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Arrests imminent in cheating scandal, sources confirm

By Dale Mezzacappa on May 7, 2014 07:38 PM

Sources have confirmed that an unknown number of Philadelphia educators have been told to turn themselves in Thursday in connection with a criminal investigation by the state attorney general into cheating on standardized tests in Philadelphia schools.

The imminent arrests were first reported Wednesday evening by the Inquirer.

The criminal investigation and charges are the latest developments in a statewide cheating probe that began in 2011. The Pennsylvania Department of Education ultimately called for investigations of likely cheating at 53 District schools in Philadelphia and three city charters. 

The PDE investigation was triggered after the Notebook and NewsWorks asked for any forensic analyses of results on state standardized tests and received one for 2009, the latest year for which a study had been done. The Inquirer had also written detailed accounts of cheating at Roosevelt Middle School.

The state analysis showed, among other irregularities, that dozens of Pennsylvania schools had a statistically improbable number of wrong-to-right erasures in their answer booklets, which suggested tampering by adults.

Subsequently, PDE did similar analyses for later years and, based on the finding, hired an outside law firm to help with a non-criminal investigation into cheating in several districts. In Philadelphia, PDE divided the 53 schools into three tiers and told the District to investigate most of them itself, which it did -- and continues to do -- with the help of pro bono private lawyers.

But these investigations have plodded along for more than two years without subpoena power or the ultimate hammer of criminal charges and the potential of losing one's pension. The attorney general convened a grand jury and started a criminal investigation much later.

The existence of such an investigation came to light in January 2014, just days after District officials updated the School Reform Commission on the results of its non-criminal probe.

They said that 138 Philadelphia educators had been implicated -- 69 from 14 so-called Tier 1 schools investigated directly by PDE and another 69 in 13 of the 19 Tier 2 schools investigated by the District. The SRC terminated three principals as a result of the scandal.

Since then, there have been no public announcements by the District of any disciplinary actions taken against other educators, such as termination, suspension, or lesser sanctions. Although some teachers have been fired since, no reasons have been given publicly.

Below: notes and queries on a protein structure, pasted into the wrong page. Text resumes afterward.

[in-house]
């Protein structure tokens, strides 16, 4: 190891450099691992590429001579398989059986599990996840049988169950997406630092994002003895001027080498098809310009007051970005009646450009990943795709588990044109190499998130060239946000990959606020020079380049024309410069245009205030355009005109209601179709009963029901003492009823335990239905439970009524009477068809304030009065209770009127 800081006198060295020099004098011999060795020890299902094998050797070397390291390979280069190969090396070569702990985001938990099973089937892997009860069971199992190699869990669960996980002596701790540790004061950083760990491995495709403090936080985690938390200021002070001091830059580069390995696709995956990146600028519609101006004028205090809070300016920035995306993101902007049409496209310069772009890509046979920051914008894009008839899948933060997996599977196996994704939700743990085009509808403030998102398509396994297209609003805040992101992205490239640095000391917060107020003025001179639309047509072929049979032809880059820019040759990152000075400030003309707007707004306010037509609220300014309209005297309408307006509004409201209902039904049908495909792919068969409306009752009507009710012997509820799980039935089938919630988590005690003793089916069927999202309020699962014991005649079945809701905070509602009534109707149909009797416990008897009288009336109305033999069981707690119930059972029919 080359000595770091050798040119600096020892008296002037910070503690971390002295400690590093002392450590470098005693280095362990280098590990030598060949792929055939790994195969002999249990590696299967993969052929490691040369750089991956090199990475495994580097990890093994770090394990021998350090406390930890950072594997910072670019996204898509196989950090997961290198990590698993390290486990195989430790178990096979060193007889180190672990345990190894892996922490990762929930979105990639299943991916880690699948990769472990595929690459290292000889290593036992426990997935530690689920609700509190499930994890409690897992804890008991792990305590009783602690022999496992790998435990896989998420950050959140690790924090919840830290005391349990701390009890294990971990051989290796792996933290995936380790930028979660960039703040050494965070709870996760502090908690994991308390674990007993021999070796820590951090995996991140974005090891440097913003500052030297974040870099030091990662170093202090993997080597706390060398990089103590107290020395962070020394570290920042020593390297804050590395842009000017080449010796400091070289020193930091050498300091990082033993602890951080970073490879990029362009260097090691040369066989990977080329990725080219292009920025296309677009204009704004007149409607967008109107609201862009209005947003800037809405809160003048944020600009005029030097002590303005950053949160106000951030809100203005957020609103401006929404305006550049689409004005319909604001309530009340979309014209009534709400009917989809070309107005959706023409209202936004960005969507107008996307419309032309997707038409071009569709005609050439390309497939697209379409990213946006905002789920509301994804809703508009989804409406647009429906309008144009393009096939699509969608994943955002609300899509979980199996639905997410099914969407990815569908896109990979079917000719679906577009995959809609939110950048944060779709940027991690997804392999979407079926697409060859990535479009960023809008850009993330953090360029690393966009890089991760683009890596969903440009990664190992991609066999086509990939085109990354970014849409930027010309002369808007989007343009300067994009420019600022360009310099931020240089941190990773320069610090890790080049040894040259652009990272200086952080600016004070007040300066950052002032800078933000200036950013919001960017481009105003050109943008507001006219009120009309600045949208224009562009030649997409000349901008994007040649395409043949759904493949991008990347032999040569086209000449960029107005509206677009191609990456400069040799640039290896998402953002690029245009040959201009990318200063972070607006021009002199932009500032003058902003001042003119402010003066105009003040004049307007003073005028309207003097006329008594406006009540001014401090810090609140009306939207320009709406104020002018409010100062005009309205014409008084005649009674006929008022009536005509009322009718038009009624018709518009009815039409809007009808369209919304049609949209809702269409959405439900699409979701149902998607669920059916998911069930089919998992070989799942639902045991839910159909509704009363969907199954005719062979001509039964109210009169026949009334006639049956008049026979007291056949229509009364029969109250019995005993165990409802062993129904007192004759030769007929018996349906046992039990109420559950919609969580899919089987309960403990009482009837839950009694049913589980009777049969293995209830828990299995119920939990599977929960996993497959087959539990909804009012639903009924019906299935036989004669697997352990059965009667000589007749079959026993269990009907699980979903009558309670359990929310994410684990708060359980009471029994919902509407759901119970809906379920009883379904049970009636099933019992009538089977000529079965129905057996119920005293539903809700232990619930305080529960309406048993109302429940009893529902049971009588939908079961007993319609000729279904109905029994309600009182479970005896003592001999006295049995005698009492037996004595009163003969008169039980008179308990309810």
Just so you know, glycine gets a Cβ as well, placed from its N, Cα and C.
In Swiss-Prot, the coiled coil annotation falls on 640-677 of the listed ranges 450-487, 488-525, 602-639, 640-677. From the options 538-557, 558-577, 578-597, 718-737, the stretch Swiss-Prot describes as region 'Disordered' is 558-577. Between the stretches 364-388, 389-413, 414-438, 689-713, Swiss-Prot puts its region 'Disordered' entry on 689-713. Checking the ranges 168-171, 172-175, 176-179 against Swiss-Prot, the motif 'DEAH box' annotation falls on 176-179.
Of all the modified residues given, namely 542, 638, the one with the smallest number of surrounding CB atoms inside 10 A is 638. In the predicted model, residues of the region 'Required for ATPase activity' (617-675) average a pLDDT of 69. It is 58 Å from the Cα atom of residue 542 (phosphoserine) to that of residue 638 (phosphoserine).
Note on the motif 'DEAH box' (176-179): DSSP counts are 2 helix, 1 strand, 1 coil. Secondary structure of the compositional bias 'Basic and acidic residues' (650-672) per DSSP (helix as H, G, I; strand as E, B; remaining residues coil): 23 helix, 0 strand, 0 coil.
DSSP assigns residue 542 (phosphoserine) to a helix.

Although the state discloses disciplinary actions taken against educators, it does not draw attention to them. One must monitor a website set up for that purpose for information. No state disciplinary actions involving cheating have been posted in 2014. 

In sheer numbers, the scope of the cheating scandal in Philadelphia rivals that of Atlanta, where more than 140 educators, including then-superintendent Beverly Hall, were implicated and 35 have faced racketeering, fraud, and other charges. Prosecutors accused Hall of creating a culture that condoned cheating in the name of raising test scores by any means necessary. 

The Atlanta investigation proceeded very differently than it has here. There, the state pursued criminal charges from the start. 

Philadelphia sources have said that, without subpoena power, it had been difficult to get people in schools to talk about what really happened and for investigations to gain traction.

"Once you have admissions and statements and have the threat of perjury, the investigation goes easier," said one source with knowledge of the probe. "Once you have criminal prosecutions, there goes pensions. ... We can’t touch pensions -- that requires criminal convictions."

The source added: "It is easy to revoke certifications after convictions and plea agreements, but starting from the civil side is hard, and the process was very long."

In the wake of the probe, PDE imposed stricter rules on testing, and PSSA scores in many of the flagged schools, District and charter, plummeted. Scores dropped in many schools across the state.

 

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Comments (41)

Submitted by Anonymous (not verified) on May 8, 2014 12:35 am
I can't help but to feel sorry for all of them. I am not condoning any poor choices made but no one goes into teaching with the intent to cheat. I wonder what type of culture must have existed at these schools for those educators to risk everything. The irony of this being teacher appreciation week is not lost on me. How sad for the children, the families, the educators and our entire school system.
Submitted by Ken (not verified) on May 8, 2014 5:43 am
I just can't feel sorry for them. I hear you....I am sure the culture at some of these schools was over the top. I'm sure the pressure was intense. I'm sure some good people make some terrible choices. However, they cheated and made an awful situation even worse for us at schools that didn't cheat. They could have found ways to report the cheating or at least not cheat themselves. Many, many educators have been under similar pressure and avoided cheating.
Submitted by Anonymous (not verified) on May 8, 2014 8:54 am
Exactly. I've seen enough principals asking teachers to engage in unethical situations that from the beginning I've prepared myself to say no and lose my job or get forced out of my school. The funny thing is the district doesn't care. They have no whistle blower protections. They don't want to know when principals cheat. They don't want to know that what happened at CAPA is happening other places right now. That cheating happened on the Keystones with proctors giving answers. That mass cheating of students isn't punished because it will look bad for the school. Teachers should be able to safely report this and the district should take these things seriously... but they don't care.